A little earlier today, colleague Scott Taylor suggested that the obvious thing the Jets could do to remedy their scoring woes was move Dustin Byfuglien back to forward. Speaking as a fantasy hockey owner with Byfuglien in the line-up, I’m all for that. That doesn’t mean it wouldn’t be a big mistake for the Jets to do it.
For starters, offense hasn’t even been Winnipeg’s primary problem in the early going. Sure, they may rank 21st in the NHL in goals for, but they’re even worse in terms of goals against: 25th overall in the NHL, allowing 3.14 goals per game. In ten of their fourteen games, they’ve allowed three or more goals.
Then there’s the other issue: where their offense has struggled. In 5-on-5 situations, the Jets have scored 26 goals – tied for 6th overall in the NHL. In 5-on-4 situations, they’re tied with virtually the entire bottom half of the league with seven goals, and their power play has converted just 14.6% of its chances. If the primary problem is on the power play, there’s no reason Byfuglien can’t be moved around without switching positions.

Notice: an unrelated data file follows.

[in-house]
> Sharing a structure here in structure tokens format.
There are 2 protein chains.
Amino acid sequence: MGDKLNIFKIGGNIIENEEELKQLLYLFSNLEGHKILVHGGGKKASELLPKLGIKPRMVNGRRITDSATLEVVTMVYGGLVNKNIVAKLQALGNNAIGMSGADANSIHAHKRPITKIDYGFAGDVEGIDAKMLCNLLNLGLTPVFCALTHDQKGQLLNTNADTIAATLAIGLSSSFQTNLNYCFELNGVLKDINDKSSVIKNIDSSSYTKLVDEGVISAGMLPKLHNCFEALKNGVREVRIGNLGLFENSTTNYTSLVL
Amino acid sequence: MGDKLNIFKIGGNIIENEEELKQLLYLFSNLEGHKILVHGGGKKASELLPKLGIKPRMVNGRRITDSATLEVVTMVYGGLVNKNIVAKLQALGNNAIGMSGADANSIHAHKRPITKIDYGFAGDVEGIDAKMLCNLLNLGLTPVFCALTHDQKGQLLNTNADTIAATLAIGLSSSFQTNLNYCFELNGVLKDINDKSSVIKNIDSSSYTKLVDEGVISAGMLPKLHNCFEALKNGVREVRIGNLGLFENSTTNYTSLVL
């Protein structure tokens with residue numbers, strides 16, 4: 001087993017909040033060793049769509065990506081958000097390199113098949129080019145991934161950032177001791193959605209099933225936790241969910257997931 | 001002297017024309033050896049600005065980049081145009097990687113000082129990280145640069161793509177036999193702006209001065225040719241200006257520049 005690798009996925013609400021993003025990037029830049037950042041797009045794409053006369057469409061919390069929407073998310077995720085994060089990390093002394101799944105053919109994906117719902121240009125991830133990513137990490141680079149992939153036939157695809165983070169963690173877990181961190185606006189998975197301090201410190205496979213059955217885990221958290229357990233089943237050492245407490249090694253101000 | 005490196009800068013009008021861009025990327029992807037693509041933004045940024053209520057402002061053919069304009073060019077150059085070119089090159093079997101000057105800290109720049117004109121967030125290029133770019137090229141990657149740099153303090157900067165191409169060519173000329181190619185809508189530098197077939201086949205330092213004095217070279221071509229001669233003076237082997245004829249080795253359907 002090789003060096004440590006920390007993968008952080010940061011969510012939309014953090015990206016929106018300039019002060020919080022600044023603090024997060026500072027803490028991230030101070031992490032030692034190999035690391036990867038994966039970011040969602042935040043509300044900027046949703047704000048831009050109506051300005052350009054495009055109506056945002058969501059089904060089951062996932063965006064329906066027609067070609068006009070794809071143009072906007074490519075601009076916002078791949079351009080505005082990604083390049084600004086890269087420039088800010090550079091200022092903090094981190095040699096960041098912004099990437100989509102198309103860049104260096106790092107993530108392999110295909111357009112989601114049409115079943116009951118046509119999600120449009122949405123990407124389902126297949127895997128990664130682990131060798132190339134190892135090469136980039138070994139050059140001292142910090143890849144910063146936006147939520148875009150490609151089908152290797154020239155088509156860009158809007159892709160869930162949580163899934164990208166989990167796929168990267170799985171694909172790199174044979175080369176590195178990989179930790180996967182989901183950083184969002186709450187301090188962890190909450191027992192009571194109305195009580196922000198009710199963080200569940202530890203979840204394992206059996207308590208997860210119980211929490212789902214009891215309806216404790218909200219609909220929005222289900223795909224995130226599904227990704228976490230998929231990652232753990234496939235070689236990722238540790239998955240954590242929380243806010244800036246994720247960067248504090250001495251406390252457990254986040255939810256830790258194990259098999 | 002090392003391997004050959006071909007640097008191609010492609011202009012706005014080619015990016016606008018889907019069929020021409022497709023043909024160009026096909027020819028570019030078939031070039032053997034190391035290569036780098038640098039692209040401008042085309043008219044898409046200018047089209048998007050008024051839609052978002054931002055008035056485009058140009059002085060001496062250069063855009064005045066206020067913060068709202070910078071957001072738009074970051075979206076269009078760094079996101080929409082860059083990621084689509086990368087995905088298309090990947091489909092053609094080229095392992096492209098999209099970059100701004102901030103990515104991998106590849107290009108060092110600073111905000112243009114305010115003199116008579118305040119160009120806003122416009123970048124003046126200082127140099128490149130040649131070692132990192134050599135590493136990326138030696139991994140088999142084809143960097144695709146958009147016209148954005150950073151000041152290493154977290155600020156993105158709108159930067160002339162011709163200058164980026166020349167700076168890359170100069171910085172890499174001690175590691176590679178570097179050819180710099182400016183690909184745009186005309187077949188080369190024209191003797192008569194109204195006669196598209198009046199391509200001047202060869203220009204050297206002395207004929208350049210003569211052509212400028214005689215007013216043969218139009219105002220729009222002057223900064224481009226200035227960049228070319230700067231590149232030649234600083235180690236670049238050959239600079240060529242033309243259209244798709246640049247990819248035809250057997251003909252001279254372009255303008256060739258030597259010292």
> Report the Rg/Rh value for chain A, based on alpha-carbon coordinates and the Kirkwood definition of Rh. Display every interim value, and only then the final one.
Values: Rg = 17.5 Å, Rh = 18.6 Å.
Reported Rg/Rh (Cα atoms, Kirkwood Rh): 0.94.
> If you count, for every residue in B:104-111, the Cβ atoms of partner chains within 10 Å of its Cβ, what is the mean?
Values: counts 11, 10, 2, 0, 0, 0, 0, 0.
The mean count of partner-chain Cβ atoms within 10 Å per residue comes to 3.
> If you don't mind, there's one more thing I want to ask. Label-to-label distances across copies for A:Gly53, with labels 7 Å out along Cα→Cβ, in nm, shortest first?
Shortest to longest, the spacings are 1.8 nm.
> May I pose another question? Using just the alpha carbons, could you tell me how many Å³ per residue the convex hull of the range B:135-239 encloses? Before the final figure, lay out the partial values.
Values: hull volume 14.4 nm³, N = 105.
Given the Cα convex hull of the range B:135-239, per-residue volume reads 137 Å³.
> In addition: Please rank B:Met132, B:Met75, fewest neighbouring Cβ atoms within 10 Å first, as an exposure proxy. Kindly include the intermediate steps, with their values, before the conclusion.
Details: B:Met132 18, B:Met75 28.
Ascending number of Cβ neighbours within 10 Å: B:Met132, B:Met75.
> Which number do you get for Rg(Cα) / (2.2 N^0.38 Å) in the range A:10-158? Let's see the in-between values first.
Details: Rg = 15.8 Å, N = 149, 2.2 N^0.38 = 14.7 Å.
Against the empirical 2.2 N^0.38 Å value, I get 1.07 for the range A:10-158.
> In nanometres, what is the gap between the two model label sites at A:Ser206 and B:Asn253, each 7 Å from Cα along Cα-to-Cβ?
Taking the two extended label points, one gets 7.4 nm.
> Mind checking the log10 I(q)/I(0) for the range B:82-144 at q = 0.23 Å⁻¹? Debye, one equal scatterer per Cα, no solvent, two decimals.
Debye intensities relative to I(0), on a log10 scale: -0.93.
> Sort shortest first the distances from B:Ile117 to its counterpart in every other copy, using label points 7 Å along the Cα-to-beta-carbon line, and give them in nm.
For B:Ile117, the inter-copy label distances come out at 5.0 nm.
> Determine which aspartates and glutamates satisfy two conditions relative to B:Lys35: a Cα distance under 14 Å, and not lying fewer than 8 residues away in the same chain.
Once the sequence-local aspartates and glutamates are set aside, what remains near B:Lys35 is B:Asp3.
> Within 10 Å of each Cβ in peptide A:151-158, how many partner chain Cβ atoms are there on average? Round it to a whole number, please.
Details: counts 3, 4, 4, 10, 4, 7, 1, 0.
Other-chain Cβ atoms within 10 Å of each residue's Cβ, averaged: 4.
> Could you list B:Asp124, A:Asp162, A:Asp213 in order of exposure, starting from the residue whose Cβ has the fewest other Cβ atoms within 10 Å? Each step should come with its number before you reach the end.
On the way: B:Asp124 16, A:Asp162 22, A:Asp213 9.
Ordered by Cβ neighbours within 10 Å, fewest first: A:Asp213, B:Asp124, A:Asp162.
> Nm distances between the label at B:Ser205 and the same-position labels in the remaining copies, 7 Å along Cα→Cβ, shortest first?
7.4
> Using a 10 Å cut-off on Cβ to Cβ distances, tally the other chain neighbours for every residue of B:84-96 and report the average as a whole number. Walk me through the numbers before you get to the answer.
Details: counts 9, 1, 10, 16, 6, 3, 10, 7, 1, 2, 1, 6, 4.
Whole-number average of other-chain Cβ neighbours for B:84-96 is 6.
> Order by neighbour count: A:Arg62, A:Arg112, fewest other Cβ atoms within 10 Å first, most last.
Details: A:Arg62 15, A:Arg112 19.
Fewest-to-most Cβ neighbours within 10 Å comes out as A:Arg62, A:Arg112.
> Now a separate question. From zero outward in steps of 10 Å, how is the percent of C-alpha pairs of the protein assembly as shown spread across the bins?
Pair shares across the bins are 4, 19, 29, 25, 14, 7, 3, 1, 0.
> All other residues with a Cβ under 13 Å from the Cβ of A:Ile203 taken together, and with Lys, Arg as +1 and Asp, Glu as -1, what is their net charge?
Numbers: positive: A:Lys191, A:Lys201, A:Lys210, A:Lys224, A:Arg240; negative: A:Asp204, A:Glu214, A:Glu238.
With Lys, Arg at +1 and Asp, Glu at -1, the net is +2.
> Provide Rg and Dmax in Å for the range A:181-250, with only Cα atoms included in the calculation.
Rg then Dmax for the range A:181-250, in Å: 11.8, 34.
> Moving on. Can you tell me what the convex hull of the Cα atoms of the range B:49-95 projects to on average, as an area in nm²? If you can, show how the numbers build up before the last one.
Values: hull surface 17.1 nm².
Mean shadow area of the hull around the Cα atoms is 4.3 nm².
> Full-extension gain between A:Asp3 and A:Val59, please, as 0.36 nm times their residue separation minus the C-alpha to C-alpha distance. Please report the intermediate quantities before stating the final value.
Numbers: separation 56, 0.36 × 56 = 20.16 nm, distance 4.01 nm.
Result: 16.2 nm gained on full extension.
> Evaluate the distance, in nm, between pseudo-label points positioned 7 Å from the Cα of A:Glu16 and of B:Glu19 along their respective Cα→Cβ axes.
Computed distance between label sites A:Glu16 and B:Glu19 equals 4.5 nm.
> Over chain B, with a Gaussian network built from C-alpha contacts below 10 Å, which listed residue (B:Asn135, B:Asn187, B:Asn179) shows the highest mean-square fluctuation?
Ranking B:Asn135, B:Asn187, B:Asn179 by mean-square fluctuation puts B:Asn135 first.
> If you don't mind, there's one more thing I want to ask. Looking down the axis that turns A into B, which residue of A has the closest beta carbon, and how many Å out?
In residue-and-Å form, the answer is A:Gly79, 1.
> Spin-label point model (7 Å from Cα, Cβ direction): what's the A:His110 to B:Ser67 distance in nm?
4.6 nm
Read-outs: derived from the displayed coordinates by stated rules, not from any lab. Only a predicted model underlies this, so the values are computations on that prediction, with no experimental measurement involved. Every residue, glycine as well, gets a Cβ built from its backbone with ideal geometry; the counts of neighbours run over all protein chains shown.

Some would point to Dustin Byfuglien’s minus-5 rating and occasionally less than stellar defensive play and suggest he’s part of the Jets’ problem on the back end. That’s an oversimplification, though.
Back towards the end of October, we took a look at Byfuglien’s plus/minus rating – the bottom line was that he was playing the best possible opponents, his line was managing to outshoot the opposition, and the only reason his plus/minus was so bad is that his opposition was three times as likely to score on a goal as his line-mates were. In the six games since then, he’s scored three points and gone plus-1.
Byfuglien is averaging nearly 20:00 per game at even-strength – the 11th-highest total in the NHL. He’s still playing the best opposition every night. He and his line-mates are still outshooting that opposition. Tobias Enstrom is on the shelf – based on ice-time, if Byfuglien gets moved up front that leaves Zach Bogosian and Johnny Oduya as the two defensemen at the top of the depth chart (they presently rank third and fourth in even-strength ice-time per game).
For Claude Noel to move Byfuglien up front would be to exacerbate the team’s greatest weakness and further damage a defensive depth chart already missing Tobias Enstrom. It’s robbing Peter to pay Paul – sacrificing at a position of weakness to help shore up a position of slightly lesser weakness.